Dirk Sadowski demonstrated how maskilim challenged traditional authority through print culture. He argued that books published during the first half of the eighteenth century differ significantly from the established corpus of printed knowledge in Ashkenazi Judaism. Printers like Israel bar Avraham in Jessnitz created a new corpus of knowledge through philosophical and pedagogical books that served didactic purposes, scrutinizing traditional Jewish education and its focus on Talmud study. Thus these text were crucial means to promote a new pedagogical agenda.

While the first two speakers concentrated on the Haskalah as a distinctly Jewish movement embedded in Enlightenment thought, the third speaker, Jonathan Sheehan, spoke about one of the most quintessential projects of the European Enlightenment, Diderot and D’Alembert’s Encyclopédie. By analyzing its entry on God, Sheehan showed how the efforts to integrate theological concepts into a “reasoned dictionary” with ambitions for systematic order and philosophical coherence made core Christian ideas vulnerable to “unexpected triangulations, relationships, and histories.” The Encyclopédie's article on God disaggregated the Christian God by situating him within new hierarchies of knowledge.

Drawing on the broader impact of the European and the Jewish Enlightenment, the second panel focused on the politics of knowing and knowledge formation since the late eighteenth century. Bernard D. Cooperman discussed the Italian reception of Nafthali Herz Wessely’s Divrei Shalom ve-Emet (Words of Peace and Truth), published between 1782 and 1785. In this foundational text of maskilic educational reform Wessely famously advocated for revising the curriculum of traditional Jewish education by re-defining the core body of Jewish knowledge while at the same time integrating non-Jewish, secular knowledge. Cooperman highlighted that Italian responses to Wessely’s ideas were significantly more positive than among the Eastern European rabbinic elite. However, the Italian context also proved to be far more complicated, with Ashkenazi and Sephardic traditions mutually shaping one another for one thing and the presence of an economic elite since the early modern period that eventually laid the foundation for a greater openness towards non-Jewish knowledge, local languages and literary traditions for another.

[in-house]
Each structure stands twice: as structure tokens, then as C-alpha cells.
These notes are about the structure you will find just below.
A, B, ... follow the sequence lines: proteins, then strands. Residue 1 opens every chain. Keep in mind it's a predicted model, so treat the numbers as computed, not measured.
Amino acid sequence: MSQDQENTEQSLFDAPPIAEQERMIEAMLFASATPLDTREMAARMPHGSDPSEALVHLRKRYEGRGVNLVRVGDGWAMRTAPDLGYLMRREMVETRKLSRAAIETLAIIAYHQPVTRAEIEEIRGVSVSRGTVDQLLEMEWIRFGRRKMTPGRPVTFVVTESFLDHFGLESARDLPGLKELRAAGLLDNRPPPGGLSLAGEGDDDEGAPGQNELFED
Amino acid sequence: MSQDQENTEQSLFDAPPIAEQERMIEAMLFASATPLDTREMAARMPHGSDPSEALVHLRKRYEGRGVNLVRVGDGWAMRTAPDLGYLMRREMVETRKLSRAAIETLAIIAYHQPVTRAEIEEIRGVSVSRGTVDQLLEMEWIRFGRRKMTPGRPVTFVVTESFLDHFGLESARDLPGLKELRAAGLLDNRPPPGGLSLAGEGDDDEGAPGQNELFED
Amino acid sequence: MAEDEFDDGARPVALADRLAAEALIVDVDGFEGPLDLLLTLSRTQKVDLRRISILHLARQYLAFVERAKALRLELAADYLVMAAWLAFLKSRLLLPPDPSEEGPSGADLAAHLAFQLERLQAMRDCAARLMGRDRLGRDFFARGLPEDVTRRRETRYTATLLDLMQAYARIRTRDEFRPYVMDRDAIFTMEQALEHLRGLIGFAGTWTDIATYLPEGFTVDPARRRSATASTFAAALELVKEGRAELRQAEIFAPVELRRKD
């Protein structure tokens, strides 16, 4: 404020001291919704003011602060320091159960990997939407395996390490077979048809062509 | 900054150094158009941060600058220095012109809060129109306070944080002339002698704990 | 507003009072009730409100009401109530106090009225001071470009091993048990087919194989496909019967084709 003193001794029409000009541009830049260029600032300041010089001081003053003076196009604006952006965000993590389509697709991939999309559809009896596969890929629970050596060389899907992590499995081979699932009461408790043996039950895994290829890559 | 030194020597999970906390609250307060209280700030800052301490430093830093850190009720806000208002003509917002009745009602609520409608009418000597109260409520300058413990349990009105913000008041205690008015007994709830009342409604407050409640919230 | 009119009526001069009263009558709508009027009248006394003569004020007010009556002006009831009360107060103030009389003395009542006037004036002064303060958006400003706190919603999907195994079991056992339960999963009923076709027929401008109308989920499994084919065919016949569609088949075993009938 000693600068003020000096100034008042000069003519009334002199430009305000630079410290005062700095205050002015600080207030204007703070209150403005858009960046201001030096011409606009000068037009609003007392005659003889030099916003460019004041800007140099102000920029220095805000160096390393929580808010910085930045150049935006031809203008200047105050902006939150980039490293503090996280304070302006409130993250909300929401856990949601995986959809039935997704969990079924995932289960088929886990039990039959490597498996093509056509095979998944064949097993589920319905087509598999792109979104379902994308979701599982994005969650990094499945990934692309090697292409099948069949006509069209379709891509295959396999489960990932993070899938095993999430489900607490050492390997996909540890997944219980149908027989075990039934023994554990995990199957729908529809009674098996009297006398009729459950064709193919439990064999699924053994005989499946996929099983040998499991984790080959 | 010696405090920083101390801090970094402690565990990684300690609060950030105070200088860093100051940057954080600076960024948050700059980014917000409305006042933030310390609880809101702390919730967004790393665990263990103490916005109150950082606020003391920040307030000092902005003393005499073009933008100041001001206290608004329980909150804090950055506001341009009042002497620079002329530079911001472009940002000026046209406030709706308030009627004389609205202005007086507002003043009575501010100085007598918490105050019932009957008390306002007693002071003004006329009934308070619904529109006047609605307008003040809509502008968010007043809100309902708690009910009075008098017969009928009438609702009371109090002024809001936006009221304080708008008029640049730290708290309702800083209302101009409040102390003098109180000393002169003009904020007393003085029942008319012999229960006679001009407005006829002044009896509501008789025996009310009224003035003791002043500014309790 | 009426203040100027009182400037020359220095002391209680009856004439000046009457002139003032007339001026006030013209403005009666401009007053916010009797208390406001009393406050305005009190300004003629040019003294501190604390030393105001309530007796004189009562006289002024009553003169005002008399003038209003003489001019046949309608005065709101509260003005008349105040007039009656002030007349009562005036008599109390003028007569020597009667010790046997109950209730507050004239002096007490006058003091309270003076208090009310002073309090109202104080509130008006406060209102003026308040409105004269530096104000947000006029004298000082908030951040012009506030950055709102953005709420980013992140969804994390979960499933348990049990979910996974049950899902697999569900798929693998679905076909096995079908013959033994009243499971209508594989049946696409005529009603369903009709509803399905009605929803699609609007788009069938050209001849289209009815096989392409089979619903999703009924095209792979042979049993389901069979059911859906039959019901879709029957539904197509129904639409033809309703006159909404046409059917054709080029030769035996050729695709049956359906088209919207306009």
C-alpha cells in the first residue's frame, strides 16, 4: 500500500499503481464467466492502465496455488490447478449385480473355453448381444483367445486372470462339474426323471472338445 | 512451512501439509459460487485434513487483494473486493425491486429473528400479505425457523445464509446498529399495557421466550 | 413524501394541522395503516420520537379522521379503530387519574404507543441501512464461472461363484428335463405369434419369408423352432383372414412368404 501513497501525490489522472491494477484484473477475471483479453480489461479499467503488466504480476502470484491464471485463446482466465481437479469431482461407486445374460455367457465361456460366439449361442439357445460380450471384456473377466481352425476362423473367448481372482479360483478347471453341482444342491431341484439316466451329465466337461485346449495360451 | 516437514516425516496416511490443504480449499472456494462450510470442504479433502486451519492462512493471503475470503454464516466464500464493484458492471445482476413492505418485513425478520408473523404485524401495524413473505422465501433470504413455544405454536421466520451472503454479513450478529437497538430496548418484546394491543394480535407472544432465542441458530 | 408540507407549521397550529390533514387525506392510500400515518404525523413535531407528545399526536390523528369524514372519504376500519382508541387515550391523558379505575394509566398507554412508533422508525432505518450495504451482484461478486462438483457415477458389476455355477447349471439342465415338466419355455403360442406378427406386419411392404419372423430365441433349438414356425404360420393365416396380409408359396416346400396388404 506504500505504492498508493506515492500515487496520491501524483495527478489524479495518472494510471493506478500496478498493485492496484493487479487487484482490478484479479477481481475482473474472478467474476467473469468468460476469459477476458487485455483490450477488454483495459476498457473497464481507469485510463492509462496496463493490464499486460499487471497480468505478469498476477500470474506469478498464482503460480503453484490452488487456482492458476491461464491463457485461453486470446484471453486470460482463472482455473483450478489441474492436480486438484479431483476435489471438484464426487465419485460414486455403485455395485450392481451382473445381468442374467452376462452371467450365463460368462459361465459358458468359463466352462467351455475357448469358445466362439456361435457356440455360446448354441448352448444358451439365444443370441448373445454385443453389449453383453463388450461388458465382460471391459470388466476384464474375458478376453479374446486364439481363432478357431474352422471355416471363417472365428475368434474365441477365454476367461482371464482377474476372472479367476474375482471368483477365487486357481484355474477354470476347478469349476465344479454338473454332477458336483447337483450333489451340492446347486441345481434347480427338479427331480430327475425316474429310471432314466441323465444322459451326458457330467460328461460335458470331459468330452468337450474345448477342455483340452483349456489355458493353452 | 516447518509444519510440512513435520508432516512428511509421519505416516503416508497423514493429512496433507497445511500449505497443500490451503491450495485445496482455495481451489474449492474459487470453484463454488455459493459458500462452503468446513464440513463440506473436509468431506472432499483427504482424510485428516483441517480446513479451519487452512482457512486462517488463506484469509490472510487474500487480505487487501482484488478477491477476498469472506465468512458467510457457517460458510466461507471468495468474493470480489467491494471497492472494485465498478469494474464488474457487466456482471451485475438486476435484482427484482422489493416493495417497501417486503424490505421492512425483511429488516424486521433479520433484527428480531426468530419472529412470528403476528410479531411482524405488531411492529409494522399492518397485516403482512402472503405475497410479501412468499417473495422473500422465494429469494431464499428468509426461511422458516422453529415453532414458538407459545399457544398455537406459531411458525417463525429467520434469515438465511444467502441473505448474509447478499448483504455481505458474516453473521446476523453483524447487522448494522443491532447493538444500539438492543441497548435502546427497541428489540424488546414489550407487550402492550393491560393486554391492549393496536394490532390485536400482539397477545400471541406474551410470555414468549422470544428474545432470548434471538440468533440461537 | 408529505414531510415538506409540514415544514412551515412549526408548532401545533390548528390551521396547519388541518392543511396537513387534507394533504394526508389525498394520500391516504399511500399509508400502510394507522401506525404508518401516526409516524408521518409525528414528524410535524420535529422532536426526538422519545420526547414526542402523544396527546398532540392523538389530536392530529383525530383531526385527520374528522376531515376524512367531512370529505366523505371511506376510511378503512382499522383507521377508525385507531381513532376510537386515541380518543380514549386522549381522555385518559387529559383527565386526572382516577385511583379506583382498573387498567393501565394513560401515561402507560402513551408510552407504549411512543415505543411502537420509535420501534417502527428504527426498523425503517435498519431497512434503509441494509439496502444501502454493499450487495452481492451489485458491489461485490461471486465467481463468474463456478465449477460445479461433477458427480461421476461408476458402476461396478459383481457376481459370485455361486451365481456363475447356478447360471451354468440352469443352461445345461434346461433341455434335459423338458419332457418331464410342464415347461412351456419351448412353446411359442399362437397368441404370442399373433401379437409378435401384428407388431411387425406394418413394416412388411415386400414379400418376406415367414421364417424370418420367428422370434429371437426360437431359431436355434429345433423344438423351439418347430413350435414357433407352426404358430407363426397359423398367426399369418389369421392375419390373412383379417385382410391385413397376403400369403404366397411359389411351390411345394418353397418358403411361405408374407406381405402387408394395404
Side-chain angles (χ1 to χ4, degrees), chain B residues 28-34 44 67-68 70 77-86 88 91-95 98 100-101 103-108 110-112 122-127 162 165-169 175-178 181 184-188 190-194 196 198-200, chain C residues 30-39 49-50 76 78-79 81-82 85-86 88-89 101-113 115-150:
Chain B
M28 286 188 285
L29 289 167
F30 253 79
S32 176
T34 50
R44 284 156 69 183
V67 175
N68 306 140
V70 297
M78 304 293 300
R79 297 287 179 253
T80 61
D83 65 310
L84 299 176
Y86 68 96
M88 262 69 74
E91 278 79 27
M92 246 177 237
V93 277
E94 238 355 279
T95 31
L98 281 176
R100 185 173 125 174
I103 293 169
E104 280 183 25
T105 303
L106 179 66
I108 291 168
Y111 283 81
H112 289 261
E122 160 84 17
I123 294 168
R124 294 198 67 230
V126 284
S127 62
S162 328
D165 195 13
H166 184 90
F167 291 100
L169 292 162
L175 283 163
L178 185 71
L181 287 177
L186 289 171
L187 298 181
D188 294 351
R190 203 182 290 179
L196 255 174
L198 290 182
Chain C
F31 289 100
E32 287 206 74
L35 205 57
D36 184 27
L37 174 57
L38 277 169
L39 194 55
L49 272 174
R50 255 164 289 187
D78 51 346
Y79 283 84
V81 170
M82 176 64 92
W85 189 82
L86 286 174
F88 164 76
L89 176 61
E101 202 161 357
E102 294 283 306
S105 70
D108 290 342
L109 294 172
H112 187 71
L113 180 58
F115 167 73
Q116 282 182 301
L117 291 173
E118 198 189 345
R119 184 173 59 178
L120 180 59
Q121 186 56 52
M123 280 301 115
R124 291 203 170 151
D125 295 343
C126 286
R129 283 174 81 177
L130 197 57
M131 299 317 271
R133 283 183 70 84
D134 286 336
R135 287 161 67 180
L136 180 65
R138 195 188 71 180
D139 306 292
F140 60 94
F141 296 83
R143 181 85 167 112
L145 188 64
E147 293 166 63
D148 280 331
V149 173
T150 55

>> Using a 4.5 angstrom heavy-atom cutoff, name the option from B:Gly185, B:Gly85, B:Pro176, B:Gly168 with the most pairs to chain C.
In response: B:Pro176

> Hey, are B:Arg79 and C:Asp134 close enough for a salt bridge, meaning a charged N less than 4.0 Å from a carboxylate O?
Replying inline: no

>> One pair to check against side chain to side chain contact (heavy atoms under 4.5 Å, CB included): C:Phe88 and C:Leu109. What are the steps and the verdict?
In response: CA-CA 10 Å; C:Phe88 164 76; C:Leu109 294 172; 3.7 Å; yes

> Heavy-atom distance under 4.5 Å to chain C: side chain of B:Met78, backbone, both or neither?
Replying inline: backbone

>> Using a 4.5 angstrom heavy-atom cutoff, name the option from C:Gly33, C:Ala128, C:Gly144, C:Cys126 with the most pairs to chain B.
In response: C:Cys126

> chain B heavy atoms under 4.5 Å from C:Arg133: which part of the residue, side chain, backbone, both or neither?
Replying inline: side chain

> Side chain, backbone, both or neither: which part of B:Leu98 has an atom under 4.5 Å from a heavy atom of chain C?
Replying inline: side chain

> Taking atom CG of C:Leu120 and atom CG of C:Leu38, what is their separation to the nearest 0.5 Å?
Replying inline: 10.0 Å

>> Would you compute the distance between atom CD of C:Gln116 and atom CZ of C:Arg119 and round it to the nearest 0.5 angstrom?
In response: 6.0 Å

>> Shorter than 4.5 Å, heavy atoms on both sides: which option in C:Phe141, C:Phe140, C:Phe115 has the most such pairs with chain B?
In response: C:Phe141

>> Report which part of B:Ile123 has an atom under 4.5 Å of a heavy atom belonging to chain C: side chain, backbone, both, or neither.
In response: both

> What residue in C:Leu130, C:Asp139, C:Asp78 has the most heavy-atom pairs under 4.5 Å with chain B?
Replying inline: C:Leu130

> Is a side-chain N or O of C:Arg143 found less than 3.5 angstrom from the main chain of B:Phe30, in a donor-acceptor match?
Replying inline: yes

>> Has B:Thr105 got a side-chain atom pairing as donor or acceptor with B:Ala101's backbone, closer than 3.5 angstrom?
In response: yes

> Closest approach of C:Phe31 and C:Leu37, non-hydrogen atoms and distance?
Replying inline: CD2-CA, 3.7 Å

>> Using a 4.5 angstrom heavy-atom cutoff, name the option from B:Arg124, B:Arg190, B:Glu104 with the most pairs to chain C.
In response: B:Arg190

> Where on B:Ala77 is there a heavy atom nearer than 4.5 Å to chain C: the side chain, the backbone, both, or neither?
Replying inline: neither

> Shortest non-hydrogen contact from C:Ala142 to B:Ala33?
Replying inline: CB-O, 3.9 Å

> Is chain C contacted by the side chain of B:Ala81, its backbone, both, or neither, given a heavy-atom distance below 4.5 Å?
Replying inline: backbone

Kerstin von der Krone discussed the interplay of Jewish education, knowledge, and print culture in nineteenth-century Central Europe. While nineteenth-century Jewish educators and religious leaders eventually built upon the maskilic educational project they also had to respond to changing conditions of Jewish education in the context of Emancipation. New approaches to and practices of Jewish education gave rise to a new kind of literature meant to serve the dissemination of knowledge about Judaism and Jewish religious practices, about Jewish history and culture in school and at home. Von der Krone explored the reach and usage of these texts by analyzing published school reports, curricula, and recommendations for teachers and situated Jewish educational writings within an as yet unwritten history of the Jewish book in the nineteenth century.